Apple Strudel (Apfelstrudel)

One of the national dishes of Austria, Apfelstrudel (Apple Strudel) is a quintessential Austrian dessert featuring flaky pastry filled with apples and raisins and served with vanilla sauce or ice cream.  Here is a traditional apple strudel recipe you can make in your own kitchen and imagine you’re in Vienna or the Austrian Alps with every delicious mouthful!

For more favorite Austrian treats be sure to try our Kaiserschmarrn, Vanillekipferl and Mozartkugeln!

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What is Apple Strudel?

Apple Strudel, or Apfelstrudel in German, is an oblong-shaped rolled pastry that’s filled with apples seasoned with cinnamon and sugar.  Raisins are traditionally added and nuts are likewise common.  Breadcrumbs are added either to the apple mixture or strewn onto the pastry shell before the filling is added in order to absorb excess liquid.  Apfelstrudel is traditionally served with a dusting of powdered sugar and some vanilla sauce, vanilla ice cream, or whipped cream.

Apple strudel is a quintessential Austrian dessert, one of its national dishes, and you’ll find it served in cafes and restaurants throughout the country.  It is likewise popular throughout Germany (where I grew up eating it), Hungary, and other Eastern European countries in different variations.

Apple strudel is made with unleavened pastry that’s rolled into very thin sheets.  Traditionally, making the pastry shell is a long and complex process, made of many thin sheets of pastry dough, but most contemporary recipes opt for a single thin sheet and the apple filling is rolled inside of it.  The name “strudel” is German for “whirlpool”, referring to the swirled appearance of the finished dessert.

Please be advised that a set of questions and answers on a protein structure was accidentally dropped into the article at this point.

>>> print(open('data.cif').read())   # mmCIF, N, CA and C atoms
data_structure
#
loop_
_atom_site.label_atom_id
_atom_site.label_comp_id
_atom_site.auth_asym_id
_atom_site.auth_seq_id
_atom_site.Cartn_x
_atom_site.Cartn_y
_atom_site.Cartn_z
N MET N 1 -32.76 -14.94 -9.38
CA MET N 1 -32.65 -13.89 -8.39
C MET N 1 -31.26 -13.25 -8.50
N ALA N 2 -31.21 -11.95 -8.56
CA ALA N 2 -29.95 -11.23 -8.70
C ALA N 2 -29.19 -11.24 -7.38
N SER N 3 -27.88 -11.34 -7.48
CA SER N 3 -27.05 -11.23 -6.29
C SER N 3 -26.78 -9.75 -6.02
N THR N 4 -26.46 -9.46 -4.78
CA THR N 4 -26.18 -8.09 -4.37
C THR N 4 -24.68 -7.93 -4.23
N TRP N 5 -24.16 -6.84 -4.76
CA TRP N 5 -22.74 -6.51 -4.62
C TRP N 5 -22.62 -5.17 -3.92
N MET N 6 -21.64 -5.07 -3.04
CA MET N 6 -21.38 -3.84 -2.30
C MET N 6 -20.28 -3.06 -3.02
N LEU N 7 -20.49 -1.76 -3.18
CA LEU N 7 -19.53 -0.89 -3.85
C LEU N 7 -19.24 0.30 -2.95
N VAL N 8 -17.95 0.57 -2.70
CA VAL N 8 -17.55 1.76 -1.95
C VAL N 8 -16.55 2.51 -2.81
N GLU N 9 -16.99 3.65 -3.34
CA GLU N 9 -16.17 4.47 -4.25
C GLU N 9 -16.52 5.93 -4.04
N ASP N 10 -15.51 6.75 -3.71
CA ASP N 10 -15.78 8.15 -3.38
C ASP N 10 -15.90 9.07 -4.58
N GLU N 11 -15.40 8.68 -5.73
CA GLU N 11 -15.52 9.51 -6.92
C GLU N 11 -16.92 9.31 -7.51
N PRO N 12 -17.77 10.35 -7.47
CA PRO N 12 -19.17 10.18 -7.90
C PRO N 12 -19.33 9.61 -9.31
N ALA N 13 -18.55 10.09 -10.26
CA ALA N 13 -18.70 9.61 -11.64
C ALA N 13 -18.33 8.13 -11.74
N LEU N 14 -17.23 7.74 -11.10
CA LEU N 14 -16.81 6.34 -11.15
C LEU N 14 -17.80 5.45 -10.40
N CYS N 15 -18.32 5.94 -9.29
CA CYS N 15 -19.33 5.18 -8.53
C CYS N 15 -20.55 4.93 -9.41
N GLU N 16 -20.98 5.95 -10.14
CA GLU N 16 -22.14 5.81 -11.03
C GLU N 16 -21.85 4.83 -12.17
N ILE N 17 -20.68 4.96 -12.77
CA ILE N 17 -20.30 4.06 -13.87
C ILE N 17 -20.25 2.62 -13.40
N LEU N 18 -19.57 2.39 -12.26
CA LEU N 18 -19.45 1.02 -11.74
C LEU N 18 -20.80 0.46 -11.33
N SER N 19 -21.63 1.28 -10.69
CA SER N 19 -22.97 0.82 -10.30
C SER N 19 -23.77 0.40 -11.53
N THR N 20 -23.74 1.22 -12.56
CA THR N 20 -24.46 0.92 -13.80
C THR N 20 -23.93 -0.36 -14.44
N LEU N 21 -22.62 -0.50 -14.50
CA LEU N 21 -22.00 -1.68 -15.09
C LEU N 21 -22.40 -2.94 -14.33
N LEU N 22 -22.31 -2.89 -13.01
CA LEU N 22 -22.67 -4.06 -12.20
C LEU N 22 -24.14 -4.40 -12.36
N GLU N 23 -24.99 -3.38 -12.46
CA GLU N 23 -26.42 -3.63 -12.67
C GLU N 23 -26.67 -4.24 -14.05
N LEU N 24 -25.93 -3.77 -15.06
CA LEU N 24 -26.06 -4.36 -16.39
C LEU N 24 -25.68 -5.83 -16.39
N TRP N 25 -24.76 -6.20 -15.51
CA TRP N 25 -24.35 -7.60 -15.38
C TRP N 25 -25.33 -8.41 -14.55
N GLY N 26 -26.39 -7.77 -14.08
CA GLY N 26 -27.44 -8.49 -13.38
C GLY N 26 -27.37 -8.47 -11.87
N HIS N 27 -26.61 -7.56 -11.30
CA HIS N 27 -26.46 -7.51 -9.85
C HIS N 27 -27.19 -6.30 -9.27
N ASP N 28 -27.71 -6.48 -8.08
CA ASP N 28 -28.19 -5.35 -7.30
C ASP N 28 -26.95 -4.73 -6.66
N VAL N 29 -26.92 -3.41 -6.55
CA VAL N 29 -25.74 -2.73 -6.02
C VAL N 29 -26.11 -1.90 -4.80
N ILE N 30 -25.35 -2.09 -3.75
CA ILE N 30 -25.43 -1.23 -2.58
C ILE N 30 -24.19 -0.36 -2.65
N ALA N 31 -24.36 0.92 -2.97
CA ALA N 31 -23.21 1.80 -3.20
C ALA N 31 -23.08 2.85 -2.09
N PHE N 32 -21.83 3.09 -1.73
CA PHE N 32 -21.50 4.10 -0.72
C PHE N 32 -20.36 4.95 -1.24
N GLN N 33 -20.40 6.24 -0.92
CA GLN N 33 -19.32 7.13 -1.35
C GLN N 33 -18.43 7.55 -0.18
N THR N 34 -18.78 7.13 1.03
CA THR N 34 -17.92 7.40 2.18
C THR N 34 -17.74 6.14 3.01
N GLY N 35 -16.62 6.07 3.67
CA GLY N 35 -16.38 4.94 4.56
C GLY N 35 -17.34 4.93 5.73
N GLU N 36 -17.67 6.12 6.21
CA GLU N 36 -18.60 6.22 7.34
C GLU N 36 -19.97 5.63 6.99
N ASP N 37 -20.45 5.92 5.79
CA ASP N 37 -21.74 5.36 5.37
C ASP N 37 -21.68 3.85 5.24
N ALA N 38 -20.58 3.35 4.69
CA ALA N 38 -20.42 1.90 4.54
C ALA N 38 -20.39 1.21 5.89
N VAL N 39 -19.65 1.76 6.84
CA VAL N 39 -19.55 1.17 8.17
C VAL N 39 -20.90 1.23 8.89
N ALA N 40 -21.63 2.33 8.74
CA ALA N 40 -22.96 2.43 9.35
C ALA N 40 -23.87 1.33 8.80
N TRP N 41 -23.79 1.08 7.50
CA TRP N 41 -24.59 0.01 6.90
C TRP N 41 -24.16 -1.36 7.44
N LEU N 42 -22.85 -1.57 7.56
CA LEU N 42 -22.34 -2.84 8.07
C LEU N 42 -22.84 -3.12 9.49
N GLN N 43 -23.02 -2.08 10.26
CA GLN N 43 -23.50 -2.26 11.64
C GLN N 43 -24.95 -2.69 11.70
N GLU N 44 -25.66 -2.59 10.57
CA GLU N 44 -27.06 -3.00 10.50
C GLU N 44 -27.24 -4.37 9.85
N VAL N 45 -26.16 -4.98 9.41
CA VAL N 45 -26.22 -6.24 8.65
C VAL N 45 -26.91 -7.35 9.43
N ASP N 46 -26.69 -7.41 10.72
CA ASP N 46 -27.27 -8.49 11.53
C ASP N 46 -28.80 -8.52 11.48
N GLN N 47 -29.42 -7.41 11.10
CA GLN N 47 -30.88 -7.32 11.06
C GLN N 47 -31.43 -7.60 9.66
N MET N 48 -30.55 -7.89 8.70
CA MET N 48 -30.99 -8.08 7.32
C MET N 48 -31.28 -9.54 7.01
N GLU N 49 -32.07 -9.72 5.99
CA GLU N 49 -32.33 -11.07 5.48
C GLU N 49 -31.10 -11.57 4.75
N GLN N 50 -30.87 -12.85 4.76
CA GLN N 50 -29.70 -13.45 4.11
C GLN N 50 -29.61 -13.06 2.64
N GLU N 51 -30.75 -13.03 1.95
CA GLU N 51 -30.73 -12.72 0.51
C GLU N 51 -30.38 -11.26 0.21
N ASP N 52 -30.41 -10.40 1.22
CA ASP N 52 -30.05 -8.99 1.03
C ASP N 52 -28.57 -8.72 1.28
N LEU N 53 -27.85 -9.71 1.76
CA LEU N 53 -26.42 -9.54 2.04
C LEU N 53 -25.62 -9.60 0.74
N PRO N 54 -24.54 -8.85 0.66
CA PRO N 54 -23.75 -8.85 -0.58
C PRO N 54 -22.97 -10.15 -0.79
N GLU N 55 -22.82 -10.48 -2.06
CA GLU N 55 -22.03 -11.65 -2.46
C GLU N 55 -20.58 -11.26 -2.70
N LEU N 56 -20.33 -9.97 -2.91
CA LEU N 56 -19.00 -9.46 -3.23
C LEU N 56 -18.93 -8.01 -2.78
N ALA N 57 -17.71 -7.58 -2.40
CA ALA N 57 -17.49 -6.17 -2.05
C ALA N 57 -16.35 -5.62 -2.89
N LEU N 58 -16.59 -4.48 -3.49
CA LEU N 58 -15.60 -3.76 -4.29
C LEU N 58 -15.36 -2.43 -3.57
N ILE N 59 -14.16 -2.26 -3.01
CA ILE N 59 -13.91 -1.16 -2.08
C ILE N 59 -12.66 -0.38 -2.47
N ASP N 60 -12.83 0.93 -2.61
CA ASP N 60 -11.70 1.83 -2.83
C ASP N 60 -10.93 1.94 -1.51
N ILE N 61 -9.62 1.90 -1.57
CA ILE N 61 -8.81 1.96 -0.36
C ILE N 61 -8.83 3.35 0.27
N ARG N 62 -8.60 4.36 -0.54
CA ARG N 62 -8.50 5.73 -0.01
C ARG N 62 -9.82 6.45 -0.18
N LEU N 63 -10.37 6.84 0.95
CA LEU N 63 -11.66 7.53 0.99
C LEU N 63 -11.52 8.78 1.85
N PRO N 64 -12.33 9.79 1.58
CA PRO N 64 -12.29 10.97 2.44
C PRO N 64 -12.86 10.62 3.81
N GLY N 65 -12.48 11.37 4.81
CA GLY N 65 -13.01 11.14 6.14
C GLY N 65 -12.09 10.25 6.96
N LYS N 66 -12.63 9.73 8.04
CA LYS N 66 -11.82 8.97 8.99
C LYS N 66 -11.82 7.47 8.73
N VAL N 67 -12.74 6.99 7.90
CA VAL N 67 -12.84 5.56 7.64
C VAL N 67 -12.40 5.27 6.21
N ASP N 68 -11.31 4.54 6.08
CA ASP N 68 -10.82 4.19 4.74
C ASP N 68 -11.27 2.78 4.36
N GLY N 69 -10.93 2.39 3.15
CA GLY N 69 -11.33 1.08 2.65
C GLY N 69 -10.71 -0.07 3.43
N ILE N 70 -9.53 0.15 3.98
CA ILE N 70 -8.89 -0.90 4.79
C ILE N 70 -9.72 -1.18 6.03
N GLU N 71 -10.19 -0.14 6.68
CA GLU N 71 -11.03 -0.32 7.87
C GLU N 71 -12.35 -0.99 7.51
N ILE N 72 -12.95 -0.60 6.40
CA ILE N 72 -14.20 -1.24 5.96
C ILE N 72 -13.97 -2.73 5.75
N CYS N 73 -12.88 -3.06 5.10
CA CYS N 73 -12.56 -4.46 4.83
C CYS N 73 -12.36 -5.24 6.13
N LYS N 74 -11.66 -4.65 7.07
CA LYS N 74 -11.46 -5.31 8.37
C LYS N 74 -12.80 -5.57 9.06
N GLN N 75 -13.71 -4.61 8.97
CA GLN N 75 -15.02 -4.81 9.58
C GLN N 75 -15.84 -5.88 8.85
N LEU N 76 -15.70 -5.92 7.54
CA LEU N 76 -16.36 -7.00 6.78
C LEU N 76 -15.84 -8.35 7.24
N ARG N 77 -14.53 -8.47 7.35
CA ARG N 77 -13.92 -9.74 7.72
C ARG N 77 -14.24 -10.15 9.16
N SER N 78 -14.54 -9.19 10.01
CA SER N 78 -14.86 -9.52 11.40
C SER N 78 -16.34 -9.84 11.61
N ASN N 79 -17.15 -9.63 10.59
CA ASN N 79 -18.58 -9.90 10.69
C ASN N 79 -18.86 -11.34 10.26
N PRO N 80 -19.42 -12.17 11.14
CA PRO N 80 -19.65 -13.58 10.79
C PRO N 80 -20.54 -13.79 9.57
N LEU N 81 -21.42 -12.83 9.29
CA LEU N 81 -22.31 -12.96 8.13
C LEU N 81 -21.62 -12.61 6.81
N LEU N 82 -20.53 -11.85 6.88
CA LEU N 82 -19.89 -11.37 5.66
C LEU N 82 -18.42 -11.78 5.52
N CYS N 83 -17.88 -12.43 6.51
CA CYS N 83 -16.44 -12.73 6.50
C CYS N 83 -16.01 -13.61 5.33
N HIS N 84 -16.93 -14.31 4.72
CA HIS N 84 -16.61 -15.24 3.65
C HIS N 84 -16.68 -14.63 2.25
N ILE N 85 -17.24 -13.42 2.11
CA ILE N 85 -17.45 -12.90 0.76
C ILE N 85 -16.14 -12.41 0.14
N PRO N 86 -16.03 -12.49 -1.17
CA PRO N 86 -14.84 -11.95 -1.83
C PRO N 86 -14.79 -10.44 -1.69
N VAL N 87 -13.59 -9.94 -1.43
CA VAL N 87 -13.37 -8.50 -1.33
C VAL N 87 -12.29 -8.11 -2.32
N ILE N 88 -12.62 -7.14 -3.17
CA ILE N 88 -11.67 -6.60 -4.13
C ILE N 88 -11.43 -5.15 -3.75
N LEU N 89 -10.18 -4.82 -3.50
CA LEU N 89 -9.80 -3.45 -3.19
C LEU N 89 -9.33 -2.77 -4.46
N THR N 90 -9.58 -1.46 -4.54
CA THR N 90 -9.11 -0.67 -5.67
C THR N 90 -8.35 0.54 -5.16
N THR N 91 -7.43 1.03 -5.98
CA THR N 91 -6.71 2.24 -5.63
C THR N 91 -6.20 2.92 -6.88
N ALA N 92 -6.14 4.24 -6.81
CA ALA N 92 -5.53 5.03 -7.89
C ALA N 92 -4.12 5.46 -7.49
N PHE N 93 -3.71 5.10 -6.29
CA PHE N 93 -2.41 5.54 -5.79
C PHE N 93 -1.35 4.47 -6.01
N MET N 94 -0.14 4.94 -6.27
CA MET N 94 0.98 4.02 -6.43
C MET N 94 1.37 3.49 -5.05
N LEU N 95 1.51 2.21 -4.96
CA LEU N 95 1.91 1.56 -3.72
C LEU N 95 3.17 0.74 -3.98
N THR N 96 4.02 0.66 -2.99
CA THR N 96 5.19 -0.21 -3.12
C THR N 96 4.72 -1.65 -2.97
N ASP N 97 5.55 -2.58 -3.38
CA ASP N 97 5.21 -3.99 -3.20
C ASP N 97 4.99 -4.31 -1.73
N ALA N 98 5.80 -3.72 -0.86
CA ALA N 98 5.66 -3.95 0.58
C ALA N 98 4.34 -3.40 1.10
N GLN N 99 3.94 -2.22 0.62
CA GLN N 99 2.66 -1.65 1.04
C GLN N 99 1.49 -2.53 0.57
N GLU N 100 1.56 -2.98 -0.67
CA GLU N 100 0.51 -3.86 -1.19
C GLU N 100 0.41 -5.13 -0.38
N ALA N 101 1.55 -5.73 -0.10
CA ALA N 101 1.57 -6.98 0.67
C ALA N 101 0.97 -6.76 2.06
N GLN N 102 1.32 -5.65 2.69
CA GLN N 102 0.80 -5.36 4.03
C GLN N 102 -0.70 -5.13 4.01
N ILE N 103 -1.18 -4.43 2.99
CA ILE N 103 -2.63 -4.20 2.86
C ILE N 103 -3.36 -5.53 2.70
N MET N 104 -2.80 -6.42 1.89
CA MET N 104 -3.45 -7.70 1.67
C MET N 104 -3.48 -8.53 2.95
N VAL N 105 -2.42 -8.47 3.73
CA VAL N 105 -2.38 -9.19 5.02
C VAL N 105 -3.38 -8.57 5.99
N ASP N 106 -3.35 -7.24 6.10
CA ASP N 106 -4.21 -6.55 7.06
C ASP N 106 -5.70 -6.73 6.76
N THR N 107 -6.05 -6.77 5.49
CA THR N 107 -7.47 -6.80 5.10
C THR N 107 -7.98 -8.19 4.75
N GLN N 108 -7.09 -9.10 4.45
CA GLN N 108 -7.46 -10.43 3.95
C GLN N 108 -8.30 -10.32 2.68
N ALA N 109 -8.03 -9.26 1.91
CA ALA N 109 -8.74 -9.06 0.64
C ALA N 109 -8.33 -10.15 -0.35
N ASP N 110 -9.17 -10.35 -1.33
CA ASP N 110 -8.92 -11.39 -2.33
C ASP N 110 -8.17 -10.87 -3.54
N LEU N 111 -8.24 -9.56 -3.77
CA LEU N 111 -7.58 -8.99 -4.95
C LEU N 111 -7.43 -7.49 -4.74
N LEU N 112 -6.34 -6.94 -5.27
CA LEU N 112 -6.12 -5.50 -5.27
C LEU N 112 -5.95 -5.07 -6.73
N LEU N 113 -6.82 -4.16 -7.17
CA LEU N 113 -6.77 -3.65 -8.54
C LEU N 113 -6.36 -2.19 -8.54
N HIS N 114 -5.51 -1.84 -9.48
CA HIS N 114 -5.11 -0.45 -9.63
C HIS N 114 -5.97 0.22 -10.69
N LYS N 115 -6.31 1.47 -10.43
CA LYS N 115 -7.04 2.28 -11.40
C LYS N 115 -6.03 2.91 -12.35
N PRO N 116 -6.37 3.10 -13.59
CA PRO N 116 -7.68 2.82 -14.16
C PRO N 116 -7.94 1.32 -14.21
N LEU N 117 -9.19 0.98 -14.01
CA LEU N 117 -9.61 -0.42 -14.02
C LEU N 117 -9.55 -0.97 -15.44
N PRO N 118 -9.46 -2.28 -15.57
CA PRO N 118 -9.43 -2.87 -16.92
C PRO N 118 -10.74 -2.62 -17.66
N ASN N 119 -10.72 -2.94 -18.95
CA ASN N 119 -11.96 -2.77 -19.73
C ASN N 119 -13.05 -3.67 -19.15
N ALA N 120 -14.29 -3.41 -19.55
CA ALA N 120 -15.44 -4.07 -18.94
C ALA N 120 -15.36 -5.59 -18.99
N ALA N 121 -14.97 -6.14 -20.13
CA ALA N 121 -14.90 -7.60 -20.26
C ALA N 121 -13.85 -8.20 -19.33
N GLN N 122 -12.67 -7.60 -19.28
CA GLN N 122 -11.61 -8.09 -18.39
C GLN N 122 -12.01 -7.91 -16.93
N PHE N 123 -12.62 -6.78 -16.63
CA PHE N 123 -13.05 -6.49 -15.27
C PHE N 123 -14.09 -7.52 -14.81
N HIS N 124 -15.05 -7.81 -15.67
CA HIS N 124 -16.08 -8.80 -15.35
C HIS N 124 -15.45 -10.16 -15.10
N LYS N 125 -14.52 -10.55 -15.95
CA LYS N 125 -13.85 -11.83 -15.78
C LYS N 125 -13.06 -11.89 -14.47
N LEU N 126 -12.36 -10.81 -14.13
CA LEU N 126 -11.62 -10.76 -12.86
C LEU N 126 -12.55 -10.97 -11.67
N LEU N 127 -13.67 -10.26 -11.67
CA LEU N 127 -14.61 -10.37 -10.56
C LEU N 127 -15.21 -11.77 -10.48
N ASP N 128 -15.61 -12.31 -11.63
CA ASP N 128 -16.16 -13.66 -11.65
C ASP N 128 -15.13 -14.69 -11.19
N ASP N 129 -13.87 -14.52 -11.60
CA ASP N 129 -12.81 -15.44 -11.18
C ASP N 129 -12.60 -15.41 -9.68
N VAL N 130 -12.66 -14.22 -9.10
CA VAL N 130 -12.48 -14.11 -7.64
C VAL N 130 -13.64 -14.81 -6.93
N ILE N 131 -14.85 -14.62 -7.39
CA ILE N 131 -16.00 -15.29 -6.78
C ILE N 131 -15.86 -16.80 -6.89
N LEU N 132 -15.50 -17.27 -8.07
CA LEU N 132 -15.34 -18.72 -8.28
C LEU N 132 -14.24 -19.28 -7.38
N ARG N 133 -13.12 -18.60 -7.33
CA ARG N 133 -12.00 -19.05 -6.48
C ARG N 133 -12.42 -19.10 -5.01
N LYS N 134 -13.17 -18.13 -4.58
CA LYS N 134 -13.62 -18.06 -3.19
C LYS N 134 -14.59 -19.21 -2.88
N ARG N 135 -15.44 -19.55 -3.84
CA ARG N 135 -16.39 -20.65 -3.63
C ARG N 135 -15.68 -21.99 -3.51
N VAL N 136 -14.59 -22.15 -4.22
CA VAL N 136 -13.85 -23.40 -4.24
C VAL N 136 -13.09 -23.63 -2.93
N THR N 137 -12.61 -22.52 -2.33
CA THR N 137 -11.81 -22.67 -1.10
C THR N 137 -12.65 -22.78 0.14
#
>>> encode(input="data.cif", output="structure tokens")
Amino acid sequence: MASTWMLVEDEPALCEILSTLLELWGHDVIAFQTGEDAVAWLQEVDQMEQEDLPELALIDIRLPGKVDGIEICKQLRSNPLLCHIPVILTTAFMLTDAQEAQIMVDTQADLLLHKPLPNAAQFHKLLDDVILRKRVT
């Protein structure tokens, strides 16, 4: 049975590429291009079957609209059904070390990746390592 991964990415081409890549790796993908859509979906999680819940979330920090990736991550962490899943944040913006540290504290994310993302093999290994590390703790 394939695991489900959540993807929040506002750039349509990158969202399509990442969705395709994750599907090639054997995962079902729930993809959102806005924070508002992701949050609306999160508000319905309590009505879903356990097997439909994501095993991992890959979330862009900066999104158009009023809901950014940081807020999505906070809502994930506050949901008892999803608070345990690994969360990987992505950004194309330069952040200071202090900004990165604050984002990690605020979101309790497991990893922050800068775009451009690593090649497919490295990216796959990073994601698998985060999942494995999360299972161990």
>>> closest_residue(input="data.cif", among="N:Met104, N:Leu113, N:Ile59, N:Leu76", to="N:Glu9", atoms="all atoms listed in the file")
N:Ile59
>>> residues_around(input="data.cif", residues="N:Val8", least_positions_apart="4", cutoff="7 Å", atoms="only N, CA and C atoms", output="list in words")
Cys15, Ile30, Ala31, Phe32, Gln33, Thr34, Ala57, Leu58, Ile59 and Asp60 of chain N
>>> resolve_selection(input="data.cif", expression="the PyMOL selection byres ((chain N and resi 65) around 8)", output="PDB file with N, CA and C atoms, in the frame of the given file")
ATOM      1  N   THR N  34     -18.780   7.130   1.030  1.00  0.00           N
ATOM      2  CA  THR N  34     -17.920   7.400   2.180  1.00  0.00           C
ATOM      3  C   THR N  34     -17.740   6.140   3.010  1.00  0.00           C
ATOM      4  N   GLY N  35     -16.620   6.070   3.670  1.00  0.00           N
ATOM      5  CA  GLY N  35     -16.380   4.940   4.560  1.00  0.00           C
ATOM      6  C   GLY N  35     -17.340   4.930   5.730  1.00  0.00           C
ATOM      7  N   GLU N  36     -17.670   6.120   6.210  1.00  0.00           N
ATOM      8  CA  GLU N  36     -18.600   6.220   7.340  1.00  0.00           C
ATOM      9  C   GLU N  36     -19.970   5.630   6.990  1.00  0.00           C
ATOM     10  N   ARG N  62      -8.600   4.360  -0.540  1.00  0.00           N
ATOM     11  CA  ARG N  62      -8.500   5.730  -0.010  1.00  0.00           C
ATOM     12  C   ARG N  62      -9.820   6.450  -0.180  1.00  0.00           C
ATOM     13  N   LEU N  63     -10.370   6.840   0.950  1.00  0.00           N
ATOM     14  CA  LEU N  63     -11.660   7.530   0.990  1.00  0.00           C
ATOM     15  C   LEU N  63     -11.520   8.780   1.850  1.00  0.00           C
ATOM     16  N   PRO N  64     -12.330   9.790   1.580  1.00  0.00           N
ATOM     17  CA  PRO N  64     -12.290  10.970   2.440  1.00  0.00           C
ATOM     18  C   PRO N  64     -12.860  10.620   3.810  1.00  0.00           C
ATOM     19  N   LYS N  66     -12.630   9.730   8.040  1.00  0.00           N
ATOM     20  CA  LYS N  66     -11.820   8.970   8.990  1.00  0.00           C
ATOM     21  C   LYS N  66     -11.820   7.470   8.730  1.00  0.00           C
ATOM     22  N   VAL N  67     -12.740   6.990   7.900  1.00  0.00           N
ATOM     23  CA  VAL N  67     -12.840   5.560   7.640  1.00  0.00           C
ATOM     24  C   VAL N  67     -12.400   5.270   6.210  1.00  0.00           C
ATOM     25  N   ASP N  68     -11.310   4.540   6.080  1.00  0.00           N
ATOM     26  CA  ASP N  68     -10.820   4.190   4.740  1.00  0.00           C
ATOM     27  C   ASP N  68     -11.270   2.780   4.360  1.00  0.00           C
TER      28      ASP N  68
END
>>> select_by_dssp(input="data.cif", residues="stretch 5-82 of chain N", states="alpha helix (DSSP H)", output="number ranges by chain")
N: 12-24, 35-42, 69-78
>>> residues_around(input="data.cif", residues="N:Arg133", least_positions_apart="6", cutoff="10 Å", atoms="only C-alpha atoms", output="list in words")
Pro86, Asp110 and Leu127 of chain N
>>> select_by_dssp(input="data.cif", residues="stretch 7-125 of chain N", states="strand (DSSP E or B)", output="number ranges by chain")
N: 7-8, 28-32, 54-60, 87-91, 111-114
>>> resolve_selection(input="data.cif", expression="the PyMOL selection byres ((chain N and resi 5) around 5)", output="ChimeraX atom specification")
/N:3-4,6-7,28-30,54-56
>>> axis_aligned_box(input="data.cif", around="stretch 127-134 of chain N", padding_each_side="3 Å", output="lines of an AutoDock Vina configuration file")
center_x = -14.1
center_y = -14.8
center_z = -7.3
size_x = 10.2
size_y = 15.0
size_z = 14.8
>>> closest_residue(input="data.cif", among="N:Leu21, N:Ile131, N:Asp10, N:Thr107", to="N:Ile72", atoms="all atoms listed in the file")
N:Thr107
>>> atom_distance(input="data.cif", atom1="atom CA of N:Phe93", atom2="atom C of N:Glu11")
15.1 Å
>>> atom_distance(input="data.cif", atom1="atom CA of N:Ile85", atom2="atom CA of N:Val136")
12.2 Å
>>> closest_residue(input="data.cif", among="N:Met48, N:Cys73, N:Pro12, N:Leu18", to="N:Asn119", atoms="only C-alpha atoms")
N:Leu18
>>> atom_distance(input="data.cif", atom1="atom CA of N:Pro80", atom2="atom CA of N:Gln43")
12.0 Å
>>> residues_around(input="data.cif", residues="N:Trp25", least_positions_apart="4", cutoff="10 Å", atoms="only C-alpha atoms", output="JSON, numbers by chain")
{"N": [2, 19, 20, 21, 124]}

Where Did Apfelstrudel Originate?

Apple strudel gained popularity in the 18th century during the Habsburg Empire and was popular throughout the Austro-Hungarian Empire.  Though it’s most commonly associated with Austrian cuisine, some food historians believe it may have originated in Hungary and then spread to Austria, Germany, and other parts of the Austro-Hungarian empire.  Food historians also note that Apfelstrudel was highly influenced by the Ottoman Turks with its multiple layers of thin sheets of pastry dough being reminiscent of phyllo pastry.   Phyllo pastry was introduced to Austria in 1453 and that laid the framework for the birth of the strudel.  Gradually strudels with different filling combinations came onto the scene, both sweet and savory (cherry, mixed berries, various fruits, poppy seeds, marzipan, spinach and feta, potato and onions, etc).  The oldest strudel recipe is for a cream-filled strudel and the original 1696 handwritten copy can be found at the Wienbibliothek im Rathaus, the Viennese City Library.

I grew up in southern Germany (Baden-Württemberg) eating Apfelstrudel and my mom is from Bavaria where it is likewise popular.  I’ve also had Apfelstrudel in Vienna, Salzburg, and in rural mountains of Austria.  The Germans make it the same way as the Austrians and you can find excellent apple strudel throughout both countries.  But there’s something about eating  Apfelstrudel in Austria that makes the experience extra special.

Last month we took a trip to Austria and visited Todd’s stepmom, Monika, and her parents.  Always up for an adventure and passionate about her beautiful homeland, she took us to a variety of scenic sites, including some of the places Todd knew and loved from his childhood.  One of our excursions was a hike up the Austrian Alps where we picked wild Preiselbeeren (lingonberries) to make jam, a traditional accompaniment for Schnitzel.  Our hike ended at the mountaintop where, amidst those breathtaking views and mountain air, we enjoyed some traditional Austrian food, including Apfelstrudel.